A new consent form is developed for interpreters

Language difficulties in health care usually are solved with the use of an interpreter, but one manager in Oklahoma realized that the interpreter could create new privacy and liability concerns. She solved the problem by developing a special consent form for use with a language interpreter.

The problem became apparent while watching an interpreter help a Spanish-speaking patient, says Glennda Gore, RHIA, director of health information services and privacy officer at McAlester (OK) Regional Health Center. Gore had been thinking about compliance issues related to the Health Insurance Portability and Accountability Act (HIPAA), trying to spot risks within her organization. Most of her concern had focused on medical records, but then she overheard the interpreter helping a mother understand her treatment.

"It hit me that we were releasing information by using the interpreter, and we didn’t really have permission," Gore says. "The back and forth involves privileged information; and while sometimes the interpreter is a family member or nurse, sometimes it is a secretary or a housekeeper. We have to use whoever we can find that speaks the language."

Gore developed a standard consent form that is now used for any type of language interpretation. The top part of the form explains that the language interpreter will have access to private medical information during the interpretation process, but not to any medical records. The bottom part of the form repeats the same information in Spanish, the most common foreign language encountered at McAlester.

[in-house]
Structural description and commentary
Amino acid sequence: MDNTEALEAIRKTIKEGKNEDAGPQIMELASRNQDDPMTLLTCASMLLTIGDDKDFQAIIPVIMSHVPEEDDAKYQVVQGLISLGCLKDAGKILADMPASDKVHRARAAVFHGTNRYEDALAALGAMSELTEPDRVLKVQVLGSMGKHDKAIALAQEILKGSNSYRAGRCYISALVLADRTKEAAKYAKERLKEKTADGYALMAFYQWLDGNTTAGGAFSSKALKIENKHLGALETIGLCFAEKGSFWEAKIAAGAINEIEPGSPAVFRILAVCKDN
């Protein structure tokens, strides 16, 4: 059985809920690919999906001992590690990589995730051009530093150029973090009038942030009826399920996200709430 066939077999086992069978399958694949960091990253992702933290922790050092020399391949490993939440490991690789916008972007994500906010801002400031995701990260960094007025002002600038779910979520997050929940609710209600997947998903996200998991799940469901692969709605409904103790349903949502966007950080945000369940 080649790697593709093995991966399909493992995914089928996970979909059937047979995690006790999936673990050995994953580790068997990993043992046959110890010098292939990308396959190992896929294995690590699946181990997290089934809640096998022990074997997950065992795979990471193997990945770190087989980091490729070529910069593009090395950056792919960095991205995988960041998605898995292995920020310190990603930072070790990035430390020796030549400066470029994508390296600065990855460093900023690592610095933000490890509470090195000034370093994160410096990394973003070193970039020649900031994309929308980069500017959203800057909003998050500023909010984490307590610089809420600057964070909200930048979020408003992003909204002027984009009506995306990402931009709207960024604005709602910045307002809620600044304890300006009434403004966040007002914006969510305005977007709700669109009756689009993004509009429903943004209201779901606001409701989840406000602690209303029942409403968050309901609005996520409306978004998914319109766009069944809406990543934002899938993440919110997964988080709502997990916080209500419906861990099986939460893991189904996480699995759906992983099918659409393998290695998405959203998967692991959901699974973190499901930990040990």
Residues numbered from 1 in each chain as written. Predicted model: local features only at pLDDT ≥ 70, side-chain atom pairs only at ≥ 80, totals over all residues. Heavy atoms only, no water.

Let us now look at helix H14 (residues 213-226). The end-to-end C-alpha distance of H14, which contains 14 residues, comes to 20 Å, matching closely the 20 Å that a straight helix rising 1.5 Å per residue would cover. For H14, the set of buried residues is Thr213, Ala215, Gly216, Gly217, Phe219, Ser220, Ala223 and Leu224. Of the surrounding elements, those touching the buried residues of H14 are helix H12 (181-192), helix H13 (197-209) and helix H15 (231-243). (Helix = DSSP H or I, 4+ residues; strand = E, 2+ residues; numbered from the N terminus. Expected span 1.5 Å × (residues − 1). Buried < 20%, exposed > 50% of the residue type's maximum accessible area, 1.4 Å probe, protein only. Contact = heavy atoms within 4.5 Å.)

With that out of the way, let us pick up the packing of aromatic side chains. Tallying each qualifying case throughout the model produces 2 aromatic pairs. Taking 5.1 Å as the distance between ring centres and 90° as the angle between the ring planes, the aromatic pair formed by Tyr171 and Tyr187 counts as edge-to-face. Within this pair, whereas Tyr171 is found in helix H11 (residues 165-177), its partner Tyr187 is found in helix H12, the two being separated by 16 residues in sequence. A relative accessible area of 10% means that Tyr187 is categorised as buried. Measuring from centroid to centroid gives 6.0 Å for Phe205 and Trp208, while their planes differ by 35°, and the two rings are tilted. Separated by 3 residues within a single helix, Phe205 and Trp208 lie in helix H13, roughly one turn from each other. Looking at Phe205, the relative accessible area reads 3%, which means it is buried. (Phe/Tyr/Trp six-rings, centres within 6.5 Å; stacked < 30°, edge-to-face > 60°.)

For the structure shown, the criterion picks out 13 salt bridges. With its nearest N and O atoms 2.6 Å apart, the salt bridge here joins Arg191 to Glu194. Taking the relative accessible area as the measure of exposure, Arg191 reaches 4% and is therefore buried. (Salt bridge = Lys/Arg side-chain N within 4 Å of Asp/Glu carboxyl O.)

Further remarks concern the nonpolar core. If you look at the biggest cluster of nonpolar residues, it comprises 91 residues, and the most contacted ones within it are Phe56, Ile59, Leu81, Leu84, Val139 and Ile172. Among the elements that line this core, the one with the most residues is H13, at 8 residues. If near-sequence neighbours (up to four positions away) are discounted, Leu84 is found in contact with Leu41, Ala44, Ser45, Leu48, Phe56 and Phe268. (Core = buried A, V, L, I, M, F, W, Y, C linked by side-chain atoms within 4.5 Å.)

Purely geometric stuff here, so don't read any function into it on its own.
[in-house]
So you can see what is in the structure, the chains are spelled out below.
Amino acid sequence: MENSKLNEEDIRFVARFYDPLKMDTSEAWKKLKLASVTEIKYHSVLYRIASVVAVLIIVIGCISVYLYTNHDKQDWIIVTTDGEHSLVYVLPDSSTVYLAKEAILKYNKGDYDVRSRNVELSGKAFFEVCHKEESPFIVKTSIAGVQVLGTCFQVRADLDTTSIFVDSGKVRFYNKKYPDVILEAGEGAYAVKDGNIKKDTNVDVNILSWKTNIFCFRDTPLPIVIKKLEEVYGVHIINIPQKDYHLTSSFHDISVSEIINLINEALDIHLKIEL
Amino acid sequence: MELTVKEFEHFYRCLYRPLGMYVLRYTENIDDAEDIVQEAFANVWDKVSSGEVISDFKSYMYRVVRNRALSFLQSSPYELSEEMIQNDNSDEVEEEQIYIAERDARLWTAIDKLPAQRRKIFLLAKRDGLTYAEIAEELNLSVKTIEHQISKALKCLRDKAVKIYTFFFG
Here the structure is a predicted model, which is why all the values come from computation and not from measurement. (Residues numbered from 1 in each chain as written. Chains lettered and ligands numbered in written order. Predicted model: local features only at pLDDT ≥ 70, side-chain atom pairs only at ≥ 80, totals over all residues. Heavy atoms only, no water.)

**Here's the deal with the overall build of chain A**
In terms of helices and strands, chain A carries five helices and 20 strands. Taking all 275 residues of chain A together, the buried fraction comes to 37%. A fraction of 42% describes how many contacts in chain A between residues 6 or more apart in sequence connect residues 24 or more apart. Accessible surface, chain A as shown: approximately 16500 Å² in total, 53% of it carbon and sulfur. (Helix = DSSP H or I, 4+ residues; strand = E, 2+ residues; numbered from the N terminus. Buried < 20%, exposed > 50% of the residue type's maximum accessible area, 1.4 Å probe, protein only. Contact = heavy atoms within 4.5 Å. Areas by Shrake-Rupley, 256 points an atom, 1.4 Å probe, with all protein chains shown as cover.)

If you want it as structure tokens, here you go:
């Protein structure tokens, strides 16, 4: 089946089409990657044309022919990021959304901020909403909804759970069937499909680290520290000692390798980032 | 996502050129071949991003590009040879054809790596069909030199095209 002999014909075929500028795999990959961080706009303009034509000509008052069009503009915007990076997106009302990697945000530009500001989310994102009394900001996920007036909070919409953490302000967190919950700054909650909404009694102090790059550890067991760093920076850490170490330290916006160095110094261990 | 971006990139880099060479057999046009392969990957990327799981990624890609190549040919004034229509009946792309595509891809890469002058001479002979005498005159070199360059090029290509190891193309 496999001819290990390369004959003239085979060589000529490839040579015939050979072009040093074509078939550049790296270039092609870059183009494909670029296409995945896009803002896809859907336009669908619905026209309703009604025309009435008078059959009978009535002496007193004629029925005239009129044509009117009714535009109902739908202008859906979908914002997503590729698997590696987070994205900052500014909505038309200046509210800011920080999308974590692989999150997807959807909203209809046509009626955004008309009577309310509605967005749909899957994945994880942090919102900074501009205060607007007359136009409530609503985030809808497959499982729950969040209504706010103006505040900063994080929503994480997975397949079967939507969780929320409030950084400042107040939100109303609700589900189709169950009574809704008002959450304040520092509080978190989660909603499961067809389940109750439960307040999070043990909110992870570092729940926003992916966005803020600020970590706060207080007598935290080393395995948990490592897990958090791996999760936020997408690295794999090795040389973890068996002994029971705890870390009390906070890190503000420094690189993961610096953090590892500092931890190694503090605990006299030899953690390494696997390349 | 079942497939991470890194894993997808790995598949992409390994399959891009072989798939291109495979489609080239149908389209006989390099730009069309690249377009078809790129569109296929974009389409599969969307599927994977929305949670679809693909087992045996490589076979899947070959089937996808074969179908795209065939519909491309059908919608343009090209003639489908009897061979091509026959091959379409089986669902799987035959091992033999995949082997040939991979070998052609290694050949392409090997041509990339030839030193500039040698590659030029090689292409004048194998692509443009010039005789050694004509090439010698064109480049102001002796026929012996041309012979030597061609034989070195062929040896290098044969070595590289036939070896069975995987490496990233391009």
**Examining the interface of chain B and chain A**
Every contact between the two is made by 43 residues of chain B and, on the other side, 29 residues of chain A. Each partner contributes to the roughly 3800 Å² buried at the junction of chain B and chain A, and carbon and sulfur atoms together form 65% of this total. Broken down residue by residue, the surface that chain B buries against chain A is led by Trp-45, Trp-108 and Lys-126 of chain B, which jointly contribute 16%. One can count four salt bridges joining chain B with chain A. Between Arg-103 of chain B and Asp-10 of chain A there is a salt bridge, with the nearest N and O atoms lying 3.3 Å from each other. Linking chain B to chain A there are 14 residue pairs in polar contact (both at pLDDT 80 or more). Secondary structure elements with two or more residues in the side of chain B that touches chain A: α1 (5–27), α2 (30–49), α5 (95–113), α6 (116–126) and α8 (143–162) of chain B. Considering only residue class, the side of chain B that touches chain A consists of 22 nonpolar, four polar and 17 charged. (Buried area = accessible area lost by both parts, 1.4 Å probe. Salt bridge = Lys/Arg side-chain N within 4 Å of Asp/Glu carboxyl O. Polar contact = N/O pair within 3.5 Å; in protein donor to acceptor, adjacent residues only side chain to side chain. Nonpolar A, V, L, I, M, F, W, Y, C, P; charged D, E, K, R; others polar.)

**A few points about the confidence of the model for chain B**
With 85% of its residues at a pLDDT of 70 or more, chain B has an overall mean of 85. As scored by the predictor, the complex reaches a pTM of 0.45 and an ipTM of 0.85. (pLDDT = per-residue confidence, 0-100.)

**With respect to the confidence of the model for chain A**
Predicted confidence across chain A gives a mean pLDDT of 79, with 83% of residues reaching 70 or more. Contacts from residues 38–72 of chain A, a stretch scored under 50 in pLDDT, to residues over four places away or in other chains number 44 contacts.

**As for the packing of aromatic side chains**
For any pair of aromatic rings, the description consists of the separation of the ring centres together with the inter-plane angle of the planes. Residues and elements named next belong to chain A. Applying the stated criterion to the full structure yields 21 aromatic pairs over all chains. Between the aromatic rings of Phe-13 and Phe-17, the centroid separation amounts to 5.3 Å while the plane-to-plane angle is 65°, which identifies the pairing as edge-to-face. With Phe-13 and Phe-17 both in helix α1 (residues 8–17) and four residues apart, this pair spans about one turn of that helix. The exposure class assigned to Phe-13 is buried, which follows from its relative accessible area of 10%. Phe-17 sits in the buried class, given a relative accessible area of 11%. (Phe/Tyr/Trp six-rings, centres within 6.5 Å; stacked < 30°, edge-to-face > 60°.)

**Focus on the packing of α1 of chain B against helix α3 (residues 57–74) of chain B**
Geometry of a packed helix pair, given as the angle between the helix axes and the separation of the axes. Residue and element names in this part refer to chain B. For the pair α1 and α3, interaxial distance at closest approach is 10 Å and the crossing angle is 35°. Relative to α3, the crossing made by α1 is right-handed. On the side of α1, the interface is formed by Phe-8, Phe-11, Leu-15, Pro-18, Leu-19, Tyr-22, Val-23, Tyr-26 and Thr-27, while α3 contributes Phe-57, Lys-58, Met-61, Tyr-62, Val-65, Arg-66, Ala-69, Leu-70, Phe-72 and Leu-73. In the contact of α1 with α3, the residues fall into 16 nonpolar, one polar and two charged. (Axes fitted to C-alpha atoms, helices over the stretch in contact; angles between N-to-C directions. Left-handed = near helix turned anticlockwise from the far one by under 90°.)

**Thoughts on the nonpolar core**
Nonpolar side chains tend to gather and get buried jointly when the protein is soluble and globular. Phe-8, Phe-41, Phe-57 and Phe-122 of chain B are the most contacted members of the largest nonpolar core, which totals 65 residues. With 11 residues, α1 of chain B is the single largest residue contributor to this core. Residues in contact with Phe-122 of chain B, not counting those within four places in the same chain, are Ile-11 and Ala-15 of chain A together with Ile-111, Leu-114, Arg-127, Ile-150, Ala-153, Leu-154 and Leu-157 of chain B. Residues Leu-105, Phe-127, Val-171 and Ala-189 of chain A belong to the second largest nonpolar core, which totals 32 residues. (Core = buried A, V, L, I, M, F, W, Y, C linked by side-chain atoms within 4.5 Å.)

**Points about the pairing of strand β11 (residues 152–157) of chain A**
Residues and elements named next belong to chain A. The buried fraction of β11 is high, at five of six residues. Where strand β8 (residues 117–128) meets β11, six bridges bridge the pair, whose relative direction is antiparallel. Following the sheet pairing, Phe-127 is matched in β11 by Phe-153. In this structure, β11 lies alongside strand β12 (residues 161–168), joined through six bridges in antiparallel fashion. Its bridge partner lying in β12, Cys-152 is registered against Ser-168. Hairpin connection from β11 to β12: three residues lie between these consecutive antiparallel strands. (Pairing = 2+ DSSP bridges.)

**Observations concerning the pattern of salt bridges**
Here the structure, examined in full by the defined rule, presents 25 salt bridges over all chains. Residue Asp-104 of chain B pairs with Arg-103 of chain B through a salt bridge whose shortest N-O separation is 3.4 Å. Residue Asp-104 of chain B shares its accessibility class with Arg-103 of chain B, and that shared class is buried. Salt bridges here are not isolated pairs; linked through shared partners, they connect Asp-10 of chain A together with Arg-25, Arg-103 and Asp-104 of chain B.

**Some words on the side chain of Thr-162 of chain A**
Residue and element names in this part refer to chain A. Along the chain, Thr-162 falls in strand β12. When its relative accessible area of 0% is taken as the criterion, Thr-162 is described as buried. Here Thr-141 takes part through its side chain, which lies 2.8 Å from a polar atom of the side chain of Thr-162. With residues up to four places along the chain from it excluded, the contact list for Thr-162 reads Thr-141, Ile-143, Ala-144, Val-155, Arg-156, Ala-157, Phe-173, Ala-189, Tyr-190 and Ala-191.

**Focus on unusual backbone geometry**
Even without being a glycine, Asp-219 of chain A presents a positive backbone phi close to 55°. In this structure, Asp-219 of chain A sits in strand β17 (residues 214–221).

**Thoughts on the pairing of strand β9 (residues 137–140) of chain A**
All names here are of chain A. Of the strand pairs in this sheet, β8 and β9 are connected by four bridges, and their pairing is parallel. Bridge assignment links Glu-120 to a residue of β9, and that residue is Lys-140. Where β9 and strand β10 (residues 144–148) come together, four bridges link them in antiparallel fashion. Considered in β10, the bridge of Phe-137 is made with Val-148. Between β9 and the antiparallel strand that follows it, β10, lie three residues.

The form is presented to the patient before the language interpreter conveys any medical information, and the interpreter may help explain the form to the patient. Once the form is signed, the interpreter is free to discuss privileged medical issues. In addition to Spanish-speaking patients, the form is used for hearing-impaired patients who need sign language interpretation. If they are English-speaking, they can read the English portion of the form on their own and give consent.

The consent form could easily be adapted to any other language when necessary, Gore says.

The interpreter would have to translate the English portion into the other language, but Gore says the wording is simple enough that any interpreter should be able to do so.

"We drew it up ourselves and got legal to sign off on it. They had no problems with it," she says. "We provided the forms to our nursing staff and also to the admitting office. They pull it out any time they see the patient doesn’t speak English."

Gore says Healthcare Risk Management readers are free to reproduce the form and adapt it for their own use.